(source: Nielsen Book Data)9780470608296 20160619
Engineering Library (Terman)
xix, 330 pages : illustrations ; 24 cm.
  • Foreword xiii Acknowledgments xv Introduction xvii PART 1: Key Concepts 1 Chapter 1 Measuring Green 3 THE LEED RATING SYSTEMS 3 THE KEY CONCEPTS OF LEED 5 OWNER S PERSPECTIVE: Going for Gold 11 M. Christie Smith THE LEED CERTIFICATION PROCESS 12 THE NEXT STEPS OF COORDINATING A LEED PROJECT 19 OWNER S PERSPECTIVE: Two Questions Every Owner Must Answer for Their LEED Project 20 Chet M. Roach Chapter 2 The Integrative Project Delivery Process 23 CONSTRUCTION MANAGER S PERSPECTIVE: From Design to Reality 24 Bassam Tarazi THE DIFFERENCES OF A TRADITIONAL PROJECT VERSUS AN INTEGRATIVE PROJECT DELIVERY 25 GENERAL CONTRACTOR S PERSPECTIVE: The Importance of Integration for the Success of LEED Projects 26 Travis Hall GENERAL CONTRACTOR S PERSPECTIVE: Involving a Construction Manager during Design 33 Michael J. Parnell ENGINEER S PERSPECTIVE: Integrated Design and Collaboration 34 Robert Diemer LEED AND IPD 35 Chapter 3 Building A Project Team 37 THE TIERS OF THE CREDENTIALING PROCESS 37 OWNER S PERSPECTIVE: Building a LEED Team 38 Bill Stoller WHAT IS A LEED COORDINATOR? 40 ENGINEER S PERSPECTIVE: The LEED Challenge and the Role of Project Coordinator 41 Wayne Howell SELECTING THE REST OF THE TEAM MEMBERS 43 PROFESSIONAL PERSPECTIVE: The Value of Certification 44 Mark Hanson ATTORNEY S PERSPECTIVE: The Risks of Green Building 48 Stephen T. Del Percio THE STRUCTURAL ENGINEER 51 ENGINEER S PERSPECTIVE: Offsetting the Costs of Energy Modeling and Commissioning 51 Paul Meyer THE COMMISSIONING AGENT 52 COMMISSIONING AGENT S PERSPECTIVE: Selecting a Commissioning Authority 53 Bill Lodato THE CONTRACTOR 56 CONTRACTS 57 WASTE HAULER S PERSPECTIVE: How LEED Has Changed the Waste Industry 58 David Cardella COORDINATOR S PERSPECTIVE: The LEED Coordinator: No One Understands Me! 59 Steve Leone Chapter 4 Site Selection 61 EDUCATION IS KEY 61 TAX CONSULTANT S PERSPECTIVE: An Introduction to Understanding Section 179D 62 Dennis J. Stilger, Jr. THE QUESTIONNAIRE 64 INITIAL ASSESSMENT 64 BROKER S PERSPECTIVE: LEED-Certified Development Properties vs. Traditional Development Properties 65 Marie Taylor ENERGY PROVIDER S PERSPECTIVE: Power Purchase Agreements 69 RJ Donnelly ARCHITECT S PERSPECTIVE: Seeking LEED CI Certification for a Hotel: The Challenges and Benefits 71 Michael F. Maurer BROKER S PERSPECTIVE: Sustainable Design Leads to Good PR and Improved Bottom Line ... If Tenants Can Find a Way to Care 78 Scott Steuber CONTINUING THE EFFORT TO PREPARE FOR THE GOAL-SETTING MEETING 79 Chapter 5 The Eco-Charette 81 ARCHITECT S PERSPECTIVE: Collaborative Design 82 Gary Moshier PRIOR TO THE MEETING 83 CIVIL ENGINEER S PERSPECTIVE: The Importance of Deciding to Pursue LEED Early in the Design Process 84 Geoffrey B. Nara THE GOAL-SETTING MEETING 85 CONTRACTOR S PERSPECTIVE: LEED Certification: Hurdles to Success 91 Holly Hawkins OWNER S PERSPECTIVE: The Execution of a Certified LEED NC Project 96 Mike Barbera MOMENTUM AFTER THE ECO-CHARETTE 98 PART 2: The Design Phases 99 Chapter 6 Schematic Design and Design Development Phases 101 OWNER S REPRESENTATIVE S PERSPECTIVE: What LEED Credits are Right for You? 101 Chet M. Roach FULL TIME EQUIVALENT OCCUPANTS 104 DESIGN INTEGRATION SESSIONS 104 GREEN ROOF TECHNICAL EXPERT S PERSPECTIVE: An Overview of Green Roof Assemblies and Benefits 106 Melissa Muroff ADDRESSING THE PREREQUISITES AND CREDITS 111 ARCHITECT S PERSPECTIVE: Managing Passive Loads 112 Gary Moshier LANDSCAPE ARCHITECT S PERSPECTIVE: A Landscape Architecture Perspective on the LEED Certification Process 119 Aiman Duckworth CIVIL ENGINEER S PERSPECTIVE: Innovative Sustainable Civil and Site Design for a Nature Center Renovation and Expansion 122 Geoffrey B. Nara LANDSCAPE ARCHITECT S PERSPECTIVE: Use 3D Modeling Tools for a Quick and Accurate Measurement of Tree Shading 124 Aiman Duckworth LIGHTING DESIGNER S PERSPECTIVE: The Role of a Lighting Designer on a Project Seeking LEED Certification 128 Faith E. Baum LANDSCAPE ARCHITECT S PERSPECTIVE: Educate Yourself, the Contractor, the Owner, and Landscape Maintenance Staff about the Project s Planting and Irrigation Approach 133 Aiman Duckworth ARCHITECT S PERSPECTIVE: Mechanical and Architectural Coordination for Energy Efficiency 137 Nathan Ogle COMMISSIONING AGENT S PERSPECTIVE: The Benefits of a Commissioning Agent 139 Brian Fronapfel MEP ENGINEER S PERSPECTIVE: The Benefits of the OPR and BOD 141 Kent D. Hoffman MEP ENGINEER S PERSPECTIVE: EA CREDIT 1: Optimize Energy Performance Compliance Paths 148 William Amann MEP ENGINEER S PERSPECTIVE: Refrigeration Compliance for LEED 151 Christopher F. Zabaneh MEP ENGINEER S PERSPECTIVE: Engaging an Engineer 153 Kurt A. Scheer MEP ENGINEER S PERSPECTIVE: Measurement and Verification for Large-Energy-User Projects 155 Wayne Howell ARCHITECT S PERSPECTIVE: The National Audubon Society: Selecting Environmentally Sensitive Materials 158 Guy Geier RAISED-ACCESS FLOOR MANUFACTURER S PERSPECTIVE: Under-Floor Air Distribution System Contributions to LEED Certification 168 Scott Alwine LIGHTING DESIGNER S PERSPECTIVE: Benefits of Computer Daylight Simulation 172 Magdalena L. DiDomenico PRELIMINARY SPECIFICATION REVIEW 173 ARCHITECT S PERSPECTIVE: N20-HDR-CUH2A s New Second Office 174 Simon Trumble and Jorge Rodriguez IN SUMMARY 177 Chapter 7 Construction Document Phase 179 GREEN ROOF TECHNICAL EXPERT S PERSPECTIVE: Quality Assurance of a Green Roof 179 Melissa Muroff COMMISSIONING 181 MEP ENGINEER S PERSPECTIVE: Energy Modeling Pitfalls 182 Aaron Dahlstrom WHOLE-BUILDING SIMULATION 184 SPECIFICATION AND PLAN REVIEW 185 LANDSCAPE ARCHITECT S PERSPECTIVE: Design Water as One System 188 Aiman Duckworth LEED-ONLINE DOCUMENTATION REVIEW 192 GBCI REVIEWER S PERSPECTIVE: Top Five Tips for Submitting a LEED Project to GBCI 195 Martin Mechtenberg MANUFACTURER S PERSPECTIVE: A Manufacturer as an Owner Pursuing LEED 202 Julie Smith NEXT STEPS 205 ENGINEER S PERSPECTIVE: Experiences of Gaining LEED Certification 207 Scott Bowman PART 3: The Construction Phase 209 Chapter 8 Coordination with the Construction Team 211 BID REVIEW 212 GENERAL CONTRACTOR S PERSPECTIVE: Compliancy with LEED during Construction 213 Easy Foster TRAINING THE CONSTRUCTION TEAM 214 OWNER S PERSPECTIVE: The Importance of Collaboration 216 David Anderson THE LEED IMPLEMENTATION PLAN 218 WASTE CONSULTANT S PERSPECTIVE: Construction Waste Recycling: Where the Real World Meets LEED 219 Wayne DeFeo TASKS DURING CONSTRUCTION 221 GENERAL CONTRACTOR S PERSPECTIVE: LEED during Construction 223 Michael J. Parnell Chapter 9 Monthly Reports 225 MATERIAL TRACKING: GETTING STARTED 225 OWNER S PERSPECTIVE: Procurement Strategies 227 Steve Martorana MANUFACTURER S PERSPECTIVE: A Manufacturer s Approach to LEED 230 Melissa DeSota SALVAGED MATERIAL BROKER S PERSPECTIVE: Overcoming the Challenges of MR Credit 3: Materials Reuse 233 Nathan Benjamin CONSTRUCTION WASTE MANAGEMENT 241 CONSTRUCTION INDOOR AIR QUALITY: COMPLYING WITH SMACNA REQUIREMENTS 242 MONTHLY REPORTS 244 OWNER S PERSPECTIVE: Pursuing LEED Certification 245 Charley Ryan Chapter 10 Construction Completion 249 TASKS AFTER SUBSTANTIAL COMPLETION 250 PRE-CLOSEOUT MEETING 251 COMMISSIONING ACTIVITIES 251 EDUCATING THE BUILDING OCCUPANTS 252 TRAINING THE OPERATIONS AND MAINTENANCE STAFF 253 LEED ONLINE: DOCUMENTATION REVIEW 256 RECS PROVIDER PERSPECTIVE: EA CREDIT 6: Green Power Some Common Misconceptions 258 John Powers SUBMIT FOR USGBC CONSTRUCTION REVIEW 262 ARCHTECT S PERSPECTIVE: Staying High Performance: Sustaining the Sustainability of Buildings Michael B. Lehrer LEED AFTER OCCUPANCY? OR OCCUPANCY AFTER LEED? 267 Appendices 269 APPENDIX A: LEED RATING SYSTEM SCORECARDS 269 APPENDIX B: PREDESIGN SITE SELECTION CHECKLIST 273 APPENDIX C: PROJECT TEAM MEMBER ROLES AND DOCUMENTATION RESPONSIBILITIES 275 APPENDIX D: DESIGN VERSUS CONSTRUCTION PREREQUISITES AND CHECKLISTS 281 APPENDIX E: OWNER S PROJECT REQUIREMENTS TEMPLATE AND BASIS OF DESIGN SAMPLE 295 APPENDIX F: SAMPLE CONSTRUCTION IAQ MANAGEMENT PLAN 305 APPENDIX G: CONSTRUCTION MONITORING AND REPORTING FORMS 311 Endnotes 319 Index 321.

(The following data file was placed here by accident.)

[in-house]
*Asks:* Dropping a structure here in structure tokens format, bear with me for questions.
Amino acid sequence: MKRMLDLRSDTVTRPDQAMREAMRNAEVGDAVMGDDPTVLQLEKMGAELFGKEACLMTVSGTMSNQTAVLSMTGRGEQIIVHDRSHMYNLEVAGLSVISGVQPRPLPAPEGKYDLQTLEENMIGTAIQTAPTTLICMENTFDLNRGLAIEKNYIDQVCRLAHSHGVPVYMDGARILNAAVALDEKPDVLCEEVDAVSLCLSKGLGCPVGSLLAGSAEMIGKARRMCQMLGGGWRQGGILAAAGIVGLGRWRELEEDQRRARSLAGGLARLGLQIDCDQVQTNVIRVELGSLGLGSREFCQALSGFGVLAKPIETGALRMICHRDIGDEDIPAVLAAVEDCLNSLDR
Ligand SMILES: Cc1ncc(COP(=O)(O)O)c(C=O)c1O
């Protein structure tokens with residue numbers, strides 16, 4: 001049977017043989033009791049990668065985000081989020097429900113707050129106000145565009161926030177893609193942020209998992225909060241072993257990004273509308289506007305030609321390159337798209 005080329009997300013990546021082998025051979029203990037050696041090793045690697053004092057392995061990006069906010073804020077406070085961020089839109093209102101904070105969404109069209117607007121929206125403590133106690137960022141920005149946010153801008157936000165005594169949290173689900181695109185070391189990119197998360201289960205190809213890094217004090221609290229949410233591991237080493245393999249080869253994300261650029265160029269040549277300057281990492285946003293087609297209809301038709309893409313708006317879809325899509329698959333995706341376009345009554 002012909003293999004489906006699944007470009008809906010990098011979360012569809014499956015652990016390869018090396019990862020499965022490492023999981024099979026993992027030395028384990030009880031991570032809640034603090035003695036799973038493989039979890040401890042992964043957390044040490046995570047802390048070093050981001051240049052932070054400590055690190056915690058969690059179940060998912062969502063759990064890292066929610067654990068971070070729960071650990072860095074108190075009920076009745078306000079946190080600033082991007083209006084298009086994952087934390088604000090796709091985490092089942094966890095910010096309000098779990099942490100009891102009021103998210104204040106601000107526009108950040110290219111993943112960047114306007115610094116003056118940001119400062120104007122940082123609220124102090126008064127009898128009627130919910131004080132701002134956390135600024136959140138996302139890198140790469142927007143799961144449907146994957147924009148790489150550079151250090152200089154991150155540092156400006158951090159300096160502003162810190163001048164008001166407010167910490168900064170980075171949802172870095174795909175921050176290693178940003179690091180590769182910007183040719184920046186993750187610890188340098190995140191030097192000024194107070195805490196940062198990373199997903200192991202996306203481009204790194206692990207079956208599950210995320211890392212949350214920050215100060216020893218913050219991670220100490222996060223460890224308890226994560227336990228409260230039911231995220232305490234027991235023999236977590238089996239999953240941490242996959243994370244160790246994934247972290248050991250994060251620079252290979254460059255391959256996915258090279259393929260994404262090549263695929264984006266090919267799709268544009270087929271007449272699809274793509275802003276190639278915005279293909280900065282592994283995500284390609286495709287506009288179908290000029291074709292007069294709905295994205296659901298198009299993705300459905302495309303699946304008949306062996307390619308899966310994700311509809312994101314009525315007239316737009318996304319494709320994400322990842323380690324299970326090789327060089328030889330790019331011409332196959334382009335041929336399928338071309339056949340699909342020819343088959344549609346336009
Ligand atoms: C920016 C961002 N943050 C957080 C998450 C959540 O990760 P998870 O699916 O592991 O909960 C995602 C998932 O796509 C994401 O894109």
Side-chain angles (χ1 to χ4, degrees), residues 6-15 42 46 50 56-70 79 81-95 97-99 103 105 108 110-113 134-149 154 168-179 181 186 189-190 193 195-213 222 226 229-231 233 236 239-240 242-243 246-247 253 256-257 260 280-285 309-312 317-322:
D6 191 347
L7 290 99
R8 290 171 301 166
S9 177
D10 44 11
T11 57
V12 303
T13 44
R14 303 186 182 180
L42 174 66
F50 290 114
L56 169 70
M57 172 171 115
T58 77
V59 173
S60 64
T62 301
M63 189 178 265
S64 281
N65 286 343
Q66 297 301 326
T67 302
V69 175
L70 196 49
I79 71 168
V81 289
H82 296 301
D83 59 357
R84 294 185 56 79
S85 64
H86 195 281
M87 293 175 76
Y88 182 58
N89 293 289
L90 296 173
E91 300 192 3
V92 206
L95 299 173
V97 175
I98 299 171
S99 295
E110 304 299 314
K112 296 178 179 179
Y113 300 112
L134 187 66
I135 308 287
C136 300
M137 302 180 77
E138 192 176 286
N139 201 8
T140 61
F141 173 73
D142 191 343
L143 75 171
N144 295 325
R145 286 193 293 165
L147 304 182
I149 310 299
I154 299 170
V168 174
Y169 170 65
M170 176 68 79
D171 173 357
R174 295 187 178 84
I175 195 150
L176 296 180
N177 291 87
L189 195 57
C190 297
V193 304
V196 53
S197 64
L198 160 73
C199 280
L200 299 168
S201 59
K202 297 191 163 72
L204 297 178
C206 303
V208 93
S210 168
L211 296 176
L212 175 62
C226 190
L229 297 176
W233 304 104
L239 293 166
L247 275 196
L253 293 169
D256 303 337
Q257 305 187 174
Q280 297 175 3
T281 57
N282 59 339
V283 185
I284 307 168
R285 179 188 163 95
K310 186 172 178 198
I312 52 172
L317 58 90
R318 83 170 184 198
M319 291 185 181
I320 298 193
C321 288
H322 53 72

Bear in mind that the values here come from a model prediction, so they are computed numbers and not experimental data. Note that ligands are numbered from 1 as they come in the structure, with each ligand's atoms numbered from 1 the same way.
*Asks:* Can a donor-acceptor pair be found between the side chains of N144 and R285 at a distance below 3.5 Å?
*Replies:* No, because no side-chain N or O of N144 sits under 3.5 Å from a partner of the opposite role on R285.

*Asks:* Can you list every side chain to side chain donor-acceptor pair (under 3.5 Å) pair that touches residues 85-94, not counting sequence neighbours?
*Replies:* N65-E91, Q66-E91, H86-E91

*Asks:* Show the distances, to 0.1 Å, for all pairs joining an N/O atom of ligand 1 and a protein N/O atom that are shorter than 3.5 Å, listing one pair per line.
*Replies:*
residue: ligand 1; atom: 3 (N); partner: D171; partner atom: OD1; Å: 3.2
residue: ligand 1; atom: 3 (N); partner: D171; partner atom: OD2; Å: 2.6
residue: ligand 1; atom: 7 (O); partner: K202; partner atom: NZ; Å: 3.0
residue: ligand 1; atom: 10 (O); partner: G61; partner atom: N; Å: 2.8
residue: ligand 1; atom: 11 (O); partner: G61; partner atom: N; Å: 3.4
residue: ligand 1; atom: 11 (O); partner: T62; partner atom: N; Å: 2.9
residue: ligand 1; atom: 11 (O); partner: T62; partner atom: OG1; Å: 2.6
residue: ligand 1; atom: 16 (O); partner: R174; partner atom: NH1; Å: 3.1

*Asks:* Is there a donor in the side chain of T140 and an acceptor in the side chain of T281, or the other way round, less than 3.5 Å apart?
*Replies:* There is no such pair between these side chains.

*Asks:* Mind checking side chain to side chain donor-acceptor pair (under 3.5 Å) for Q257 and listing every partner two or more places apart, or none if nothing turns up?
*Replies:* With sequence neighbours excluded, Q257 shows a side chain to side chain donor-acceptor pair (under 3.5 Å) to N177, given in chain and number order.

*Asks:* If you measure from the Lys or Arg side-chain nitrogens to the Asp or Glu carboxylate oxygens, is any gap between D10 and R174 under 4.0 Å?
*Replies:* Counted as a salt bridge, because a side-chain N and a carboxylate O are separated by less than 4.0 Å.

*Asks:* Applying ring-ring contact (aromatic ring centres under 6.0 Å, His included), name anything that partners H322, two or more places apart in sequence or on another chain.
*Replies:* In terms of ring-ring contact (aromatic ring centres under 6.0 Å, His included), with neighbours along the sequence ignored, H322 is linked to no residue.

• (source: Nielsen Book Data)9780470524183 20160607
Proven Strategies for Getting a Project LEED(r) Certified Here is the ideal guide for architects, engineers, interior designers, project managers, facility managers, and building owners for understanding the project certification process for the Leadership for Energy and Environmental Design (LEED(r)) for New Construction and Major Renovations (LEED NC), LEED for Core & Shell (LEED CS), and LEED for Commercial Interiors (LEED CI) rating systems of the U.S. Green Building Council (USGBC(r)). Written by an expert who is the President of Design Management Services, a LEED consulting firm Guidebook to the LEED Certification Process engages readers by outlining the steps, roles, and responsibilities of the team members in a straightforward, chronological manner that helps streamline the certification process. With the release of the LEED v3 rating systems and a new version of LEED-Online, the Guidebook to the LEED Certification Process helps project teams to streamline the project team efforts and outlines the role of the LEED consultant and project administrator. Written for LEED AP professionals and building owners that need guidance navigating a project through the process, this book outlines each step in the design and construction phases including programming and post-occupancy. Serving as a valuable resource for anyone seeking information on how to get a project LEED certified, Guidebook to the LEED Certification Process features: An overview of the integrative design process. Understanding the role of a LEED consultant. How to build a successful team for a project pursuing LEED certification. How to register a project with Green Building Certification Institute (GBCI). Common pitfalls to avoid during the LEED certification process. Checklists to use during design and construction to keep the team on track.
(source: Nielsen Book Data)9780470524183 20160607
Engineering Library (Terman)